950,000 children across the UK are affected by domestic abuse, either directly as victims of violence, or indirectly in terms of witnessing violence. For many women, this is the tipping point at which they seek help – in a recent survey of 86 women with children living at Hestia’s refuges, 79% reported they had left their abusive partner because they feared for their children’s safety (Hestia, 2015).
Children are exposed to domestic abuse in multiple ways and may themselves be used as part of the violence.Child maltreatment and domestic abuse frequently co-exist. Since the 1970s, studies have consistently found that among 65-77% of households where women are subject to domestic abuse, children are also physically maltreated. Another report found that 62% of children of individuals supported by their Independent Domestic Violence Advocates (IDVAs) in 2013 were themselves subject to abuse
Exposure to violence at an early age
As one-quarter of children in high-risk situations are under three years old, and the average period before a victim seeks support to leave an abusive relationship is 2.7 years, many very young children have been exposed to severe abuse for much of their early years–a crucial period for early development which influences life chances. Research has shown that infants as young as one year old can experience trauma symptoms as a result of witnessing domestic violence. Symptoms may include eating problems, sleep disturbances, lack of normal responsiveness to adults, mood disturbances and problems interacting with peers and adults. Clinical reports indicate these babies often have poor health, poor sleeping habits or irritability, and exhibit high rates of screaming and crying.
Early personal, social and emotional development has a huge impact on later well-being, learning, achievement and economic circumstances. That is why the Childcare Act 2006 places a duty on local authorities, ‘to improve the well-being of all young children in their area and to reduce the inequalities between them’.
Psychological impacts of exposure to abuse
Witnessing domestic abuse can have long-term consequences for a child. Those who are not direct victims often face some of the same behavioural and psychological problems as children who are physically abused. Witnessing domestic violence is also related to poorer emotional well-being. Emotional responses to abuse vary greatly, but can often include aggression, introversion, secretiveness, self-blame, running away, difficulties at school, bedwetting, nightmares, eating difficulties, self-harm, depression, suicidal ideation and attempted suicide, social isolation, poor social skills and developmental delay.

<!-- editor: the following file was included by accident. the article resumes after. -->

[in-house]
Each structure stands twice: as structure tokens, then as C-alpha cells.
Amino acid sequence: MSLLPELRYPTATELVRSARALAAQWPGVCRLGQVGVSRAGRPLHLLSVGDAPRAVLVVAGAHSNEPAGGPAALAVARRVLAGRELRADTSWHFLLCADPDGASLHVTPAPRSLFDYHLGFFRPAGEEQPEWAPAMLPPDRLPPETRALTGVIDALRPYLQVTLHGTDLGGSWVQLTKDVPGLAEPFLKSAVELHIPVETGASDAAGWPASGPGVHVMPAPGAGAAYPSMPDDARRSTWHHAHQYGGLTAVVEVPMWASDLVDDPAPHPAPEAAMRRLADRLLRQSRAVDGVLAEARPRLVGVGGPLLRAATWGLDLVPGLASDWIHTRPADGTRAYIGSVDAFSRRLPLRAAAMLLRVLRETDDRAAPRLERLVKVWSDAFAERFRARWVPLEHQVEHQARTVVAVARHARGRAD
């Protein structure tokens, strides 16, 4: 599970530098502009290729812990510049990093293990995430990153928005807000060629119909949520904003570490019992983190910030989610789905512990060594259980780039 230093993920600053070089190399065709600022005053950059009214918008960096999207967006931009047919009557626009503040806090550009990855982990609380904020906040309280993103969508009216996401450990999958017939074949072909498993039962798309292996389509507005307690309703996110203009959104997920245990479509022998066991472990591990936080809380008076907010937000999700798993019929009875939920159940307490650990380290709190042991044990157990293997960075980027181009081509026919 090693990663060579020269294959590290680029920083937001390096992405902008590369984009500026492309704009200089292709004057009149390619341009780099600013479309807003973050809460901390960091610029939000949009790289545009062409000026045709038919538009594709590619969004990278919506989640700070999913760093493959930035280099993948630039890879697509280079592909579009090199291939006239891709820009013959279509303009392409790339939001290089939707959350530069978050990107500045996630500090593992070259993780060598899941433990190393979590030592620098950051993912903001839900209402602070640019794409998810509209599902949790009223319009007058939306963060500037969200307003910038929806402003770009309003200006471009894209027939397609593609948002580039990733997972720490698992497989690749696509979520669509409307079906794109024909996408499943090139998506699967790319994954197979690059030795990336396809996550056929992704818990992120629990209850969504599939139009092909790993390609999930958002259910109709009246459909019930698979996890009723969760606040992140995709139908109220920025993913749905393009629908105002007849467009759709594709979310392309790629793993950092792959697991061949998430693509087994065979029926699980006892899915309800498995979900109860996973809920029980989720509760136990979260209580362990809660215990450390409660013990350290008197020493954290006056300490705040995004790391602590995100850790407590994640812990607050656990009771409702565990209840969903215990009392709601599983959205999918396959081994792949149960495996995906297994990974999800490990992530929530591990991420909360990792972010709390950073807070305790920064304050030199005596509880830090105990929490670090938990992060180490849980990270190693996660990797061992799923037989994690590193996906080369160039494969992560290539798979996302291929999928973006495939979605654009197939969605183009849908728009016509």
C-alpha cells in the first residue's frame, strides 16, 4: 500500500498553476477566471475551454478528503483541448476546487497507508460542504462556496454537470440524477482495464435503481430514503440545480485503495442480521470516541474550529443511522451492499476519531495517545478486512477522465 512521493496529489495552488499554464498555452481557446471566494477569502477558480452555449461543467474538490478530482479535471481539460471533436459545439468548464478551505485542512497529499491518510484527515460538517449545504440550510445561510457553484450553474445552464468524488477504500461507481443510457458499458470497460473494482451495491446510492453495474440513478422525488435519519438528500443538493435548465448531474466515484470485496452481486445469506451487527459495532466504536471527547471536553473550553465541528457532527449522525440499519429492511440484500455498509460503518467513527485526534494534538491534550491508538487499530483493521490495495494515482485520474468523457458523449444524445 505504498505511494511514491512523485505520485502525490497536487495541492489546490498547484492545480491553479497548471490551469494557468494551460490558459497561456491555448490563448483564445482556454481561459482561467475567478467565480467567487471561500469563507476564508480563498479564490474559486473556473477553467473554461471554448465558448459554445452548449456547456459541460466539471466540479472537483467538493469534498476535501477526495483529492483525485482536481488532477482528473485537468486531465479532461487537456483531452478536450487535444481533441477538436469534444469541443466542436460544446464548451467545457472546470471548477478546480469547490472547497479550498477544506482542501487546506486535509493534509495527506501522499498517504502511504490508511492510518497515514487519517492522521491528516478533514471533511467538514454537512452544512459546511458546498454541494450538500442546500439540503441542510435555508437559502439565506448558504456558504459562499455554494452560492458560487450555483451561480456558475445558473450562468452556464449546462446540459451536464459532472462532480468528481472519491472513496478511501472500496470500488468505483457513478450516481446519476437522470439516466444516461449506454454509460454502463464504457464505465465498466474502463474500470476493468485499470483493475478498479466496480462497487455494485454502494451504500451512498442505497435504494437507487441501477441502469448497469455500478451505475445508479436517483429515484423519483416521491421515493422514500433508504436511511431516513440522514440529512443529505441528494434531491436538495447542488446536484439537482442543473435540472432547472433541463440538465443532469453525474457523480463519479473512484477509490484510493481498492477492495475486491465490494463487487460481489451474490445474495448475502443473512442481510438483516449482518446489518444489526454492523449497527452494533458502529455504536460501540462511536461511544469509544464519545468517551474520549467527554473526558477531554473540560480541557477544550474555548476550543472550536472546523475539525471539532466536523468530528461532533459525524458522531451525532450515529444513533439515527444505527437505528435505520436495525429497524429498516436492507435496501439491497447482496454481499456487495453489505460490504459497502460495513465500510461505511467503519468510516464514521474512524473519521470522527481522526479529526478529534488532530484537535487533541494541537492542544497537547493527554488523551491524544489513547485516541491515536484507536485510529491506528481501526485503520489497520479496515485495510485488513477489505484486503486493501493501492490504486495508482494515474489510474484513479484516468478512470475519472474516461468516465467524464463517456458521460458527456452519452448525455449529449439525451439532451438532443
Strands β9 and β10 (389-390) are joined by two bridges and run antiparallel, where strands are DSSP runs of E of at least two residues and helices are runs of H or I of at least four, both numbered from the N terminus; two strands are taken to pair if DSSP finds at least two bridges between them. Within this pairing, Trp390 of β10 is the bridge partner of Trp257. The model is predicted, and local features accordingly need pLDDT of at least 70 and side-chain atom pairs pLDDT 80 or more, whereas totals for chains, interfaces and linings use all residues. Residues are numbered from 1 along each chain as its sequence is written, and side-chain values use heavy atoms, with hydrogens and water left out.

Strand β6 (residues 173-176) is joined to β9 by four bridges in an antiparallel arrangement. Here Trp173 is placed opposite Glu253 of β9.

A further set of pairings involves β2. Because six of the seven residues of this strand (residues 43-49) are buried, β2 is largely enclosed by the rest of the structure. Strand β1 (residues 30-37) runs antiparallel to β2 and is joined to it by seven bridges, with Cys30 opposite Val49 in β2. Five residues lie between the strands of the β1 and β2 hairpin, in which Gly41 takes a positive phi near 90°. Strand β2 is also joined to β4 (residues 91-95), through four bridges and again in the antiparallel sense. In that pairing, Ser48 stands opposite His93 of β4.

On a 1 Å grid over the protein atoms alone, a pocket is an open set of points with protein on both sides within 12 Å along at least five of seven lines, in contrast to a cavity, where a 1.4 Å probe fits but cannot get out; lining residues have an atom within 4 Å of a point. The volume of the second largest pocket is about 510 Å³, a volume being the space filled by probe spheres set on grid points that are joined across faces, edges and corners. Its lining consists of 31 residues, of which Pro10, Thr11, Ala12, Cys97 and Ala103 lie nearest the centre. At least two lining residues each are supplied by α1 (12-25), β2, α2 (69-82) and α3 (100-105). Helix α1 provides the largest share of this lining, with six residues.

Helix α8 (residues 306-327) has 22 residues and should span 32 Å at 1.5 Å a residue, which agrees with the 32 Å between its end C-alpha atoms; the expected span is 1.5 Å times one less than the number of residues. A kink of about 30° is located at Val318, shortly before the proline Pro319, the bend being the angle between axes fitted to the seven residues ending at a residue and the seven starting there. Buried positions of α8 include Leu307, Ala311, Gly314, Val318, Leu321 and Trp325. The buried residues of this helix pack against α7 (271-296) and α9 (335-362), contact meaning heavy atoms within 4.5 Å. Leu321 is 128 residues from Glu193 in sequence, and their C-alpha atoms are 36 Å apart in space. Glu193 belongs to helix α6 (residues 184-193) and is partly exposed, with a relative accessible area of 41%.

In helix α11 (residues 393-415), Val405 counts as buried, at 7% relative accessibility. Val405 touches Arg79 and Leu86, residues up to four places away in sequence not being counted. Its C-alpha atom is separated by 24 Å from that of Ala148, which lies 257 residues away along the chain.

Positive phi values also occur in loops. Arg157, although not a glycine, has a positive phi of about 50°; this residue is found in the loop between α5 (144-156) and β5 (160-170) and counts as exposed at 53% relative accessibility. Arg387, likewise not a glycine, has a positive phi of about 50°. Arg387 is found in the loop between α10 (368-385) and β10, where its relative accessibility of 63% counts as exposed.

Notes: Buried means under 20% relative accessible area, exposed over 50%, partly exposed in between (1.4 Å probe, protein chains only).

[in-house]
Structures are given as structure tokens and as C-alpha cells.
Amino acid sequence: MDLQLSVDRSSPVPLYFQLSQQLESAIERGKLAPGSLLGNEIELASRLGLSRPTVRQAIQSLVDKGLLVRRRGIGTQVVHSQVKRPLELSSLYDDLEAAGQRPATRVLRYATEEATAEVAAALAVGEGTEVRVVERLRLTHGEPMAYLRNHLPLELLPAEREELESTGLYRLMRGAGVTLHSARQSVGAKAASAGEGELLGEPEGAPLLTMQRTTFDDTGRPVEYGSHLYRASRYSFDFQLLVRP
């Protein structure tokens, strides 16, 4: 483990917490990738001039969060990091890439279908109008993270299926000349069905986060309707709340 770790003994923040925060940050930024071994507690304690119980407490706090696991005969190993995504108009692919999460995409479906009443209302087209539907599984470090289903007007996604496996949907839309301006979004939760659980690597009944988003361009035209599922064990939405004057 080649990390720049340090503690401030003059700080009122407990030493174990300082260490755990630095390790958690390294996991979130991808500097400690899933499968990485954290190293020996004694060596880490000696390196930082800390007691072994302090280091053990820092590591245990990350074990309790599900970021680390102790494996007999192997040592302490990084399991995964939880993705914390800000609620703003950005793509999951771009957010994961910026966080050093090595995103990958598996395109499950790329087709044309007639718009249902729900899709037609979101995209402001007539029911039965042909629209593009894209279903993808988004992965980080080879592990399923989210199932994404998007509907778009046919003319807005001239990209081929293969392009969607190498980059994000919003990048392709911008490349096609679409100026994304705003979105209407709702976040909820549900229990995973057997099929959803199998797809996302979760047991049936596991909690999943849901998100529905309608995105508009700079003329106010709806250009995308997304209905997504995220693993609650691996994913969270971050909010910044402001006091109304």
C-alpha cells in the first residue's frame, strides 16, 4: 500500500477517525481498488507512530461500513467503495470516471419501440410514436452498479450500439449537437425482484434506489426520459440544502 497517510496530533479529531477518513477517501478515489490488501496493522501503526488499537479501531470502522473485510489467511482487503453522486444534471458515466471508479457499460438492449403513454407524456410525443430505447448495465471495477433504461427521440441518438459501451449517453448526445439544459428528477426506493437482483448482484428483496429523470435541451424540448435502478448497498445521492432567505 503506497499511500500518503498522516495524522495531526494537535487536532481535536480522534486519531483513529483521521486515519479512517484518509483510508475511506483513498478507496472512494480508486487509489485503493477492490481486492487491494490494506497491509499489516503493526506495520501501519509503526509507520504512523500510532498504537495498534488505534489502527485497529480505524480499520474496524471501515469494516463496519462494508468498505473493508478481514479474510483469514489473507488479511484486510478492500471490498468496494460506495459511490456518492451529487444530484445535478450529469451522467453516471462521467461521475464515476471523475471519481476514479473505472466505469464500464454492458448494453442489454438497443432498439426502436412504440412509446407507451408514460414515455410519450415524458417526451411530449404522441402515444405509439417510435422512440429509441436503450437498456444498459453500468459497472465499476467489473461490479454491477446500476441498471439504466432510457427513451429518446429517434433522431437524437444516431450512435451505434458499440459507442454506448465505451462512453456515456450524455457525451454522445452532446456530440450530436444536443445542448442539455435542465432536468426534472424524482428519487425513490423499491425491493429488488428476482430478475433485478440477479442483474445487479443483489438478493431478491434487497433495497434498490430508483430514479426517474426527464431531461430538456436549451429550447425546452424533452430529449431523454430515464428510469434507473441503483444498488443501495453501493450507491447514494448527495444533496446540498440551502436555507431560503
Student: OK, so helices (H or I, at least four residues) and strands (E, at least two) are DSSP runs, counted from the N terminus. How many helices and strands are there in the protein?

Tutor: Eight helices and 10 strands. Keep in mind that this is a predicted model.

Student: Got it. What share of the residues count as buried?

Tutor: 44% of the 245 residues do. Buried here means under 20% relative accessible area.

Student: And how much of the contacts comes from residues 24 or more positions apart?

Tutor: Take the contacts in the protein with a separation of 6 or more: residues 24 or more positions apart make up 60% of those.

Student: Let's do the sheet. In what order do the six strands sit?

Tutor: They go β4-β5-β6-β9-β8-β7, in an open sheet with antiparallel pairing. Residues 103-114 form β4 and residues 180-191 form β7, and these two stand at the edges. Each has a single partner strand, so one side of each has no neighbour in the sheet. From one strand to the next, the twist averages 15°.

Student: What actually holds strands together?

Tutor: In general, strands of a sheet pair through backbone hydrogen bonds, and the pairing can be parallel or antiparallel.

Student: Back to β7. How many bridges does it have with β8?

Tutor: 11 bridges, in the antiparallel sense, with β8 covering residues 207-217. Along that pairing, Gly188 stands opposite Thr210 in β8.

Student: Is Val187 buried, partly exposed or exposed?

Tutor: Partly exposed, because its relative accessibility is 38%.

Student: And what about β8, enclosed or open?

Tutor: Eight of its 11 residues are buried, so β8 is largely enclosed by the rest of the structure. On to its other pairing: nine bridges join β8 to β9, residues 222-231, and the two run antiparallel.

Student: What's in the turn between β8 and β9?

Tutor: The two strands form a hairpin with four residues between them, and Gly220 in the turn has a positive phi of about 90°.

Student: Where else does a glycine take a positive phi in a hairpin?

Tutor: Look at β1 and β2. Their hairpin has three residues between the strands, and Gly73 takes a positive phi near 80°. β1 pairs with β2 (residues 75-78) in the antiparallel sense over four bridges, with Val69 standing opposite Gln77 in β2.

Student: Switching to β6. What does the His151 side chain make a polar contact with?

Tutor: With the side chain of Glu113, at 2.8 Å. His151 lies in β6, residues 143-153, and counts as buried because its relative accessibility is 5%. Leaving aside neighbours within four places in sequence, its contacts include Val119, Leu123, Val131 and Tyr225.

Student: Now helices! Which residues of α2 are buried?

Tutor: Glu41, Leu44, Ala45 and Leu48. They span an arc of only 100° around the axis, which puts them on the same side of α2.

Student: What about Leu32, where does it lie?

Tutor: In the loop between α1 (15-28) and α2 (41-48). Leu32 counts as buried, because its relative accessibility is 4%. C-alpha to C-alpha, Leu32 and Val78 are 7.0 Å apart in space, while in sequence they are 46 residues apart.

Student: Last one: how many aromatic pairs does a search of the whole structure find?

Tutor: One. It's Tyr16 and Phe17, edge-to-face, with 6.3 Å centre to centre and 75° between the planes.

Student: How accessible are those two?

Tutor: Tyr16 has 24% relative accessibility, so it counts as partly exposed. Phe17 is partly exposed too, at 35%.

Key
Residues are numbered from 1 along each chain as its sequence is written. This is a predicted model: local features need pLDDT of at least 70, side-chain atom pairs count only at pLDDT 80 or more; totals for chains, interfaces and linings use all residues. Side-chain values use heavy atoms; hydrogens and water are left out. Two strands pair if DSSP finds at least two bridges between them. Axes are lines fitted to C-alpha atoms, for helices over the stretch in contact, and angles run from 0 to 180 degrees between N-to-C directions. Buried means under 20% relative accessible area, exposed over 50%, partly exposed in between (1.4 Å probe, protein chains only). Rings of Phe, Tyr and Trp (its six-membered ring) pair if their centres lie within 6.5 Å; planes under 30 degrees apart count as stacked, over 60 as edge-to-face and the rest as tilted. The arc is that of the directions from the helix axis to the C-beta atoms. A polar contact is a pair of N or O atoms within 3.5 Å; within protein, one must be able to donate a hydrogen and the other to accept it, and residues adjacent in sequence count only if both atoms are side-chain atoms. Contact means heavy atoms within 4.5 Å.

In a study of 3,614 children aged 12 to 17 years, it was found that exposure to parental violence was associated with an increase in the symptoms of (PTSD) and major depressive symptoms above any effects of gender, age, race, income or history of other traumatic events.
Evidence has also found that children exposed to abuse are also more vulnerable to bullying and may struggle to establish new trusting relationships. One research document found that 53% of children exposed to domestic abuse will either be bullied or bully others. At either end of the spectrum, these long-term impacts could lead children exposed to abuse to dangerous situations as adults. Without specialist targeted interventions, there is a real possibility that this extends into adulthood.
Children who live with domestic abuse are more likely to be exposed to abuse. They may be exposed to a violent and volatile environment if they are being held by a parent during violence, may be in the same room or may be protecting a parent from the violence.
Working together to Safeguard Children (2010) recognises that: “Domestic violence has an impact on children in a number of ways. Children are at increased risk of physical injury during an incident, either by accident or because they attempt to intervene. Even when not directly injured, children are greatly distressed by witnessing the physical and emotional suffering of a parent”.